The Thai military on Friday tightened its grip on the politically unstable Southeast Asian nation, banning more than 150 prominent
figures from leaving the country and threatening to arrest politicians who disobey its orders.
Former Prime Minister Yingluck Shinawatra was among those who reported to the military junta, which seized power in a coup Thursday after months of turmoil that paralyzed much of the government and caused deadly clashes in the streets of Bangkok.
The United States and other countries have criticized the military's intervention, the latest in a long list of coups in Thailand and called for the swift restoration of democracy.
Yingluck, whose government was in power when the unrest began in November, was removed from office this month by the country's Constitutional Court over the appointments of top security officials.
Prominent people summoned
Yingluck arrived around noon Friday at a military compound in Bangkok with one of her sisters and was still there hours later, a source close to the former leader told CNN. The military on Thursday summoned Yingluck and three other members of her politically powerful family to report to authorities.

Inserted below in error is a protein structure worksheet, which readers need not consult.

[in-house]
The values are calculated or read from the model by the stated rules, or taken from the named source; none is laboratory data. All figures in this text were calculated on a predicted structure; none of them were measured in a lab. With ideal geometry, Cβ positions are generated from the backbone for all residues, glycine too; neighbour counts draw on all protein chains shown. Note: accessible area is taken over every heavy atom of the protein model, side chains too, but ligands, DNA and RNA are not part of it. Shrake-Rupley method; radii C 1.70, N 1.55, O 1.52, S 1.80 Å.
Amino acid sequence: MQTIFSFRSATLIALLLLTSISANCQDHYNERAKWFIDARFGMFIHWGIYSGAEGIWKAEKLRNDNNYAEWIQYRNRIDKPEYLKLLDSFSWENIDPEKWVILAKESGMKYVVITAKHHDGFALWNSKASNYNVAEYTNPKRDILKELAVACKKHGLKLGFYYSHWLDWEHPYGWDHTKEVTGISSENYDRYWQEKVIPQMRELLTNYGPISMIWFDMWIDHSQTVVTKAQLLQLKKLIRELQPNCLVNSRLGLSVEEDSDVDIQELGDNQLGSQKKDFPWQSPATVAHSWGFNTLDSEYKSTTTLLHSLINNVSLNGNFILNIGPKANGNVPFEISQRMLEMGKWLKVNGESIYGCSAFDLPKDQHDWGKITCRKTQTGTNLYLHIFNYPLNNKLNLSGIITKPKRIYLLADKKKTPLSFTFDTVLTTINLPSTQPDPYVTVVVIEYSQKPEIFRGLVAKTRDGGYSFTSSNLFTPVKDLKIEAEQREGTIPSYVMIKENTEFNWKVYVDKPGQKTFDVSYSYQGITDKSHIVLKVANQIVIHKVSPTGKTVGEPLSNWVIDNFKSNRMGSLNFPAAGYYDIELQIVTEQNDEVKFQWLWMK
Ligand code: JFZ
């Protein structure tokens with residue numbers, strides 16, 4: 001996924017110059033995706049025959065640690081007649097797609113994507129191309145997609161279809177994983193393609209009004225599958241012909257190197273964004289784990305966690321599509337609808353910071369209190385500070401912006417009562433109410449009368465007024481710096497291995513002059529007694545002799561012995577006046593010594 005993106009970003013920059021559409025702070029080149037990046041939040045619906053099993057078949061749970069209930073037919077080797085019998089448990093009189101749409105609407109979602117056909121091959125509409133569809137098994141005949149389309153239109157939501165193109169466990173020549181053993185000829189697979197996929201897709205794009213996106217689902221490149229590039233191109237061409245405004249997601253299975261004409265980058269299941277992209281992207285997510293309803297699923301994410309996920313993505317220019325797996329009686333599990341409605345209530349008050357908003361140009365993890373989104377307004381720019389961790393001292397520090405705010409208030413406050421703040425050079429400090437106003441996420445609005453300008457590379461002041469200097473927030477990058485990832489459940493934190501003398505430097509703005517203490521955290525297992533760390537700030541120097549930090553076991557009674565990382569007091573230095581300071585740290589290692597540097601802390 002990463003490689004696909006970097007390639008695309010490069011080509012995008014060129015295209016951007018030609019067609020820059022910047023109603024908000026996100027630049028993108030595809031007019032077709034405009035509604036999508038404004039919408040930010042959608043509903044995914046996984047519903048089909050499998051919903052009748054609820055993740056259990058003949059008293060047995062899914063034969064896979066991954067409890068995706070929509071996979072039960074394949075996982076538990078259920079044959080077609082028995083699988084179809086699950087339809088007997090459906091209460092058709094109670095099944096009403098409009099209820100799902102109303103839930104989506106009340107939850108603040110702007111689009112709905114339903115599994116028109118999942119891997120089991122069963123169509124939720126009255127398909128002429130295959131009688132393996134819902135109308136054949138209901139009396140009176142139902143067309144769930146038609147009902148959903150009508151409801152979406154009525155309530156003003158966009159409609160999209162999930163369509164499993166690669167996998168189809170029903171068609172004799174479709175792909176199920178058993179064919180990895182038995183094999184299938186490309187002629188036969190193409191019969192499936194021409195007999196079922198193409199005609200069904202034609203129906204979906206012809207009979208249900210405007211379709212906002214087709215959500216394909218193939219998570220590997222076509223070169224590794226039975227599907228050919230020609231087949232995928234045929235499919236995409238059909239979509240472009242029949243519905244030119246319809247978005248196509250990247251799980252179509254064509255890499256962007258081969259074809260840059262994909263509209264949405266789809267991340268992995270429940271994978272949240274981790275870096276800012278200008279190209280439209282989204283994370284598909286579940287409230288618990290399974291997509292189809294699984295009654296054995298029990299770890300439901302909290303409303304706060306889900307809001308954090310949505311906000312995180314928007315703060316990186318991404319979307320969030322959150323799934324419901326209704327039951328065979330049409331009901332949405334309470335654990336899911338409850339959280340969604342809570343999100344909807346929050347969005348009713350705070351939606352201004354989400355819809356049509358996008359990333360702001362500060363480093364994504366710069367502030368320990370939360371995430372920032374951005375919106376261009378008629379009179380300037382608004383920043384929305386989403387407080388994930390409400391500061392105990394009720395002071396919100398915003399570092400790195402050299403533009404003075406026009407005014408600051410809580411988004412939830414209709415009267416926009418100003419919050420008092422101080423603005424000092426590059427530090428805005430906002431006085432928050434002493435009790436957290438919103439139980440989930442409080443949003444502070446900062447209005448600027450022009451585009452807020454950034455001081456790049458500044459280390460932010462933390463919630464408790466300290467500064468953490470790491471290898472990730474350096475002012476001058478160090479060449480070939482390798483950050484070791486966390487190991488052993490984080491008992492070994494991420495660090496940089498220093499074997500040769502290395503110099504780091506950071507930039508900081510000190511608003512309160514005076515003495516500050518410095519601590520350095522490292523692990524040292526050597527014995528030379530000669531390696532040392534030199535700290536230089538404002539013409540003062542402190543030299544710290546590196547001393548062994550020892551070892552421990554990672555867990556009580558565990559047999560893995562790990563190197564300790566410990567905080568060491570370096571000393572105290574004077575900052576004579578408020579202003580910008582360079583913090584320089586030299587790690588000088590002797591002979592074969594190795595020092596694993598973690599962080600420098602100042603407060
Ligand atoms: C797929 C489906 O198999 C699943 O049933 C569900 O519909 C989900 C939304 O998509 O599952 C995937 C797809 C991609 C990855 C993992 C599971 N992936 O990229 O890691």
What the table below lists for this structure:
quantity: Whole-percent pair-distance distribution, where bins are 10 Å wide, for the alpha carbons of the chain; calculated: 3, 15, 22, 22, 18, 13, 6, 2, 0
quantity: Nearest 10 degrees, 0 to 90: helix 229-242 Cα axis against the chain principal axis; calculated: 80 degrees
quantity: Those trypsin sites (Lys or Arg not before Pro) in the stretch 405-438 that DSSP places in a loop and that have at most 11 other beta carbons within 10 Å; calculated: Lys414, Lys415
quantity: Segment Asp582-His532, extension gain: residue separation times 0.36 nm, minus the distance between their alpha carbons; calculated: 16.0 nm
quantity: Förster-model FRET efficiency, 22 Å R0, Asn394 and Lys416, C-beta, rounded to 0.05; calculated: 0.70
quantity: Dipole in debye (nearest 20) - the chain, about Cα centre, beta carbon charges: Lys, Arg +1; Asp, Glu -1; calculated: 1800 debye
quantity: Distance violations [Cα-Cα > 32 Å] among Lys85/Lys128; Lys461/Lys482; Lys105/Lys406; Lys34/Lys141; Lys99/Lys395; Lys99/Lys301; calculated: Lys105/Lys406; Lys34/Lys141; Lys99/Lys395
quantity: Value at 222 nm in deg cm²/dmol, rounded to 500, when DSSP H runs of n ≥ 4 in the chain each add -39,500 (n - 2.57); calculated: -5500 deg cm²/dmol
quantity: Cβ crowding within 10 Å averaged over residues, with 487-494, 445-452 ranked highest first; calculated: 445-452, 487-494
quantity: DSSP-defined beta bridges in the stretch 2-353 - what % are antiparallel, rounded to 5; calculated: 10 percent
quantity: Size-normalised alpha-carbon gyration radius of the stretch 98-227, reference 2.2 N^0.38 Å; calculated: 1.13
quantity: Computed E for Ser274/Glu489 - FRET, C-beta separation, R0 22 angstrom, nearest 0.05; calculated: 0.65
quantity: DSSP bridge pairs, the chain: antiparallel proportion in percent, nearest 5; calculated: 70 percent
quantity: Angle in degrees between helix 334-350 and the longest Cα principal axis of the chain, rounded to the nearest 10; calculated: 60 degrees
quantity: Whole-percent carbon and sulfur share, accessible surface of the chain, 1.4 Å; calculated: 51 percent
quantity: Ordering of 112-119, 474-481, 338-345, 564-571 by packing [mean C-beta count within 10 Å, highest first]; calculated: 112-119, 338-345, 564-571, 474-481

It has also called on more than 100 others, including prominent figures on both sides of Thailand's political divide, to come to military facilities. Those who don't report, it has warned, will be arrested.
Military officials haven't provided much explanation about the reasons for the summonses, saying it's necessary "to ensure smooth operation of restoration of peace and order."
They have also placed travel bans on Yingluck and scores of others.
The junta on Thursday detained some of the leaders of the country's deeply polarized political factions. Some of those held, including opposition leader Abhisit Vejjajiva and members of Yingluck's Pheu Thai Party, were later released.
Constitution ditched, curfew imposed
Gen. Prayuth Chan-ocha, the head of the military, has assumed the powers to act as Prime Minister until a new one takes office, the military said Thursday.
How the government will operate remains unclear, given that the military also has thrown out the constitution it drew up in 2007 after a previous coup, except for Section 2, which acknowledges that the King is the head of state.
The last six months have been marked by large-scale protests, both by those backing Yingluck's government and those opposed to it. There have been periodic outbursts of deadly violence in the streets.
Protest camps of both sides in Bangkok have been cleared away since the coup.
Under the new order, schools will be closed nationwide between Friday and Sunday, the military said. A curfew is in place between 10 p.m. and 5 a.m. And all state-run, satellite and cable TV providers have been ordered to carry only the signal of the army's television channel; CNN is among those networks that have been taken off the air.